St. Patrick Parish, Malvern, began nine months of celebrations leading up to its 100th anniversary with an evening Mass celebrated by Archbishop Charles J. Chaput on Saturday, Sept. 6 followed by a reception.
The parish was officially founded June 3, 1915, and the founding pastor was Father John Martin. He quickly got down to the business of building a church, executed in stone in the English Gothic style and dedicated Nov. 11, 1917.
It was roughly half the size of the church today and understandably so, because at its founding St. Patrick’s only had about 50 resident year-round families, supplemented in the summer by many more residents including the family of builder John Kelly and the Hardart family of Horn and Hardart’s, who were generous donors to the parish.
As years went by, the church, while an architectural gem, was much too small for a growing population; today it stands at 2,862 households including 8,688 members and average weekend church attendance of 2,267.
In 1990, under Father James Ambrogi — nicknamed “the builder” by his people — a new addition was added that doubled the original capacity yet preserved the outstanding architectural elements including the altars and stained glass. The reoriented church has pews arranged in a more contemporary fashion to bring all the worshipers closer to the altar.
During the course of the reconstruction, the parish worshiped in the gymnasium which had also been built by Father Ambrogi, as well as the parish center, according to Deacon Lawrence Froio, who has been a member of the parish since 1955 and its permanent deacon since 1986.
In 1925, in an era when a parish school was the rule not the exception, a little school was opened in a former family home. This was in time replaced by classrooms under the church, and a four-room parish school was built and opened in 1954 by Father James Devers. It was staffed originally by Sisters of St. Joseph.
For much of its early history the school was four classrooms, two grades to a class. St. Patrick School, which now has a lay faculty and about 310 students in grades K-8, received a National School of Excellence award last year.
“It’s a strong parish, very close and more than friendly,” Deacon Froio said. “We have five Masses between Saturday and Sunday and they are full. We’ve had very good priests, good shepherds who were admired by the people.”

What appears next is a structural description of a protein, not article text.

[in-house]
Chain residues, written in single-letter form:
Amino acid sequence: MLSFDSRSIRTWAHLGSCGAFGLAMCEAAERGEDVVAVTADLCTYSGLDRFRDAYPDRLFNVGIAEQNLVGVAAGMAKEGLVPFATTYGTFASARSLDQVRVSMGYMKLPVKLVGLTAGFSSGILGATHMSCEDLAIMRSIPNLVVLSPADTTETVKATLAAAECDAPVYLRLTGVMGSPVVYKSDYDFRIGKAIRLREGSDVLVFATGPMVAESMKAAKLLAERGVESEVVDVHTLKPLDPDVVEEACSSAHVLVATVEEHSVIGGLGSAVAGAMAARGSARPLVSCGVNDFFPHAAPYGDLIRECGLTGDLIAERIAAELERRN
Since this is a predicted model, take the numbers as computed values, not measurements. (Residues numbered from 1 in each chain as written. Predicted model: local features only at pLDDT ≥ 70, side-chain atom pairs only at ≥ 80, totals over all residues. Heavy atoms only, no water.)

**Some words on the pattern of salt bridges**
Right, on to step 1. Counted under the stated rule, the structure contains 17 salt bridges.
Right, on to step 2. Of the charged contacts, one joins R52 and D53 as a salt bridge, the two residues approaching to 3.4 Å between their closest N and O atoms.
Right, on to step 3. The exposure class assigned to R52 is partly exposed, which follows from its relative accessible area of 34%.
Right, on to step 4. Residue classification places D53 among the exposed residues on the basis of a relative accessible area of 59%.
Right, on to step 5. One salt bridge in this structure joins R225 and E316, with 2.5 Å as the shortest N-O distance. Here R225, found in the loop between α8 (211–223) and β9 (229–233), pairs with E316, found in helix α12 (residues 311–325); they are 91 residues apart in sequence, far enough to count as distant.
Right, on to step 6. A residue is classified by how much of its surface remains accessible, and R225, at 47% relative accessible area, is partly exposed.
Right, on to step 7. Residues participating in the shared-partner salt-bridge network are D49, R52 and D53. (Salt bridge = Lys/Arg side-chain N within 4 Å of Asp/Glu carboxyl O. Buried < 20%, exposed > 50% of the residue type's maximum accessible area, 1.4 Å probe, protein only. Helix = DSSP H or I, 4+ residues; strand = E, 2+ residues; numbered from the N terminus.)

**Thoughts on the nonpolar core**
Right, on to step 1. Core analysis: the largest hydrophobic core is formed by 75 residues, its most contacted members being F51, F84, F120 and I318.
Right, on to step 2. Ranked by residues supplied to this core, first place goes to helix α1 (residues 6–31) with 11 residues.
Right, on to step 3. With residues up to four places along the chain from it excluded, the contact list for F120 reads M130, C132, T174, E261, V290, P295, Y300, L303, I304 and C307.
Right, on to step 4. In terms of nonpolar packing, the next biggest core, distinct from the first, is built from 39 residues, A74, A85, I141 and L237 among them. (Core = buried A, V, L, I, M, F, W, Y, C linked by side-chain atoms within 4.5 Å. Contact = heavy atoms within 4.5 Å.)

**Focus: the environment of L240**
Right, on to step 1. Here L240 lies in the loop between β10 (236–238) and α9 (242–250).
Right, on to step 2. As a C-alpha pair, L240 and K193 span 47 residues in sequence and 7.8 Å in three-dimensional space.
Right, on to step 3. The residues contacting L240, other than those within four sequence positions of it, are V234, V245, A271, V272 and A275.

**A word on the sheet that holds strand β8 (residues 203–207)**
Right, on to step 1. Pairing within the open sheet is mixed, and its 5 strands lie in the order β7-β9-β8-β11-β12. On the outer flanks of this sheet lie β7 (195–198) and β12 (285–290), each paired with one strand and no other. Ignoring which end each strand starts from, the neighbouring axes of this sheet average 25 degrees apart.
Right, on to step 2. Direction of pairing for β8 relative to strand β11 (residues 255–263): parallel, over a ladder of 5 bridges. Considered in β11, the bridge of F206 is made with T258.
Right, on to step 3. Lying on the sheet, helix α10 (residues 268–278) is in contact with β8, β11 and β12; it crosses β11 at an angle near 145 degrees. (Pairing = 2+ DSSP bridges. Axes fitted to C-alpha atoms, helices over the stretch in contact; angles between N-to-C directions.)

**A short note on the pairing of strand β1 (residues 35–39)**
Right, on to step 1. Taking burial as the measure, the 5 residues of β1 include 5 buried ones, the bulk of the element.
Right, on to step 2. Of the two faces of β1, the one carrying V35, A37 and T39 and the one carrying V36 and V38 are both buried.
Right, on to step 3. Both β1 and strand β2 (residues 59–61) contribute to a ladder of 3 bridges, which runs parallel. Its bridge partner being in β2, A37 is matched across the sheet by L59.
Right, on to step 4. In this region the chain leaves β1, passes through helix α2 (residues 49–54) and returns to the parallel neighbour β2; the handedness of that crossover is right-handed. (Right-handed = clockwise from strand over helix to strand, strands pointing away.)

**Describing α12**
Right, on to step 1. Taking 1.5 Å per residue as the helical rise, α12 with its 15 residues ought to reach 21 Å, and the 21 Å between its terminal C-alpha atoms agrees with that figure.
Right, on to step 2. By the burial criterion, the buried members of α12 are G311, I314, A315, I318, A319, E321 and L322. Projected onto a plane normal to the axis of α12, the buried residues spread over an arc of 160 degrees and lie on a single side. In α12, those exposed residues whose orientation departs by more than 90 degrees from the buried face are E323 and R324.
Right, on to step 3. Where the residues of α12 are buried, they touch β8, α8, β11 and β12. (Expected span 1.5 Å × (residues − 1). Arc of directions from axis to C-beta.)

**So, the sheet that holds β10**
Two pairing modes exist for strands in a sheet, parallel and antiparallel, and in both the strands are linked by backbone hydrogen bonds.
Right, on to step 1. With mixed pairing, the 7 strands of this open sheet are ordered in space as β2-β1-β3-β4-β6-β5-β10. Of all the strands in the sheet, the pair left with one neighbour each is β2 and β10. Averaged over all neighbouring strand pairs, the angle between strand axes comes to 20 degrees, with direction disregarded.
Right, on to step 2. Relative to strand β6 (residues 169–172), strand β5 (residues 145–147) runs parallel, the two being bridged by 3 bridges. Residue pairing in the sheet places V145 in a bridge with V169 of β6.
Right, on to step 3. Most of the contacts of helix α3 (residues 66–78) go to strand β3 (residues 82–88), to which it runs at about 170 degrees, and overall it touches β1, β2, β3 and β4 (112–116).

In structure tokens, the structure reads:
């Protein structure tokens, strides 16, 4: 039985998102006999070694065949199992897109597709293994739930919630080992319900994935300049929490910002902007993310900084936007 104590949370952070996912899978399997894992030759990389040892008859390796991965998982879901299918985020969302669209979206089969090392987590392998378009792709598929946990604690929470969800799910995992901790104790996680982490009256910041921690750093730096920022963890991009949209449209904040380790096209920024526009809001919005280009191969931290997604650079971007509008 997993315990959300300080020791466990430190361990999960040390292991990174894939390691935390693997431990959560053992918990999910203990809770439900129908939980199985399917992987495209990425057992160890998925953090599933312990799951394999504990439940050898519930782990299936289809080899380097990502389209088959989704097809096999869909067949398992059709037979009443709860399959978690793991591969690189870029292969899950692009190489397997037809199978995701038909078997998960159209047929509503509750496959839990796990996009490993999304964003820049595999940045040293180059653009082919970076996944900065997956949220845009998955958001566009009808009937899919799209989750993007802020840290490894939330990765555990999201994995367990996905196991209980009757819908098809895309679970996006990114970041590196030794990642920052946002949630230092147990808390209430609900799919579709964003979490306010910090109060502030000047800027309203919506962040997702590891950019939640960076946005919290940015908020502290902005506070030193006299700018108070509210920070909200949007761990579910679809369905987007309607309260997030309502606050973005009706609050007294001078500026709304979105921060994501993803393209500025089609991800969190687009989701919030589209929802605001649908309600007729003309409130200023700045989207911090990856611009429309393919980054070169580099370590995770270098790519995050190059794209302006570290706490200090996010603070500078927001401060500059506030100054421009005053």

“It‘s a vibrant, growing, faith-filled community,” said Father Christopher Redcay, who has been pastor for the past three years. “We have just instituted Eucharistic Adoration on Mondays. I asked for 100 people to sign up and we had 121 people who signed. The people here are very much engaged as part of the community, wanting to be together, wanting to know their faith in a deeper way.”
As an indication of the health of the parish, “we signed up 131 new families in 2013 and we have signed up 95 so far this year,” Father Redcay said. In another indication of parish health, annual baptisms easily outstrip parish funerals.
Over the course of the anniversary year, there are a number of scheduled activities culminating on Sunday, June 7, 2015 with a closing Mass, the sealing of a time capsule and reception.
Not least among the centennial events will be an outreach program by St. Patrick in Malvern to assist its sister parish, St. Patrick in Norristown, which has a very strong ministry to the poor in its area. This will include volunteers traveling to Norristown to be part of a 100 Hours of Service Program by repairing and refurbishing parish buildings.
Also there will be collections throughout the year for school supplies, baby food, diapers and bottles as well as children’s books to begin a lending library at St. Patrick in Norristown.
“Our outreach programs have always been very good,” said Mary Damico, a 17-year parishioner who has been very active with the centennial programs. “We made this parish our home and I love it. It was a very young parish and ripe for a lot of growth when we came; our four children went to the school and the last will graduate this year.”
By coincidence, the foundation of the parish is the exact date the cloistered Sister Servants of the Holy Spirit of Perpetual Adoration (Pink Sisters) arrived in Philadelphia. Because Father Redcay has always had a special regard for them, it is hoped at some point a group will go to their Convent of Divine Love with Father Redcay to celebrate Mass, Damico said.
The parish has many groups of every age and inclination, but all of the programs designated for the centennial year revolve around three categories: “spiritual, social and service,” Damico noted.
Mark Forrest, an internationally known tenor, will present concerts on Dec. 13 and 14; Immaculee Ilibagiza, a Rwandan genocide survivor, will relate her inspiring story on Feb. 19; ValLimzar Jansen will share her spirit and talent through psalms, storytelling and Gospel singing April 18-19.
Lou Baldwin is a freelance writer in Philadelphia.
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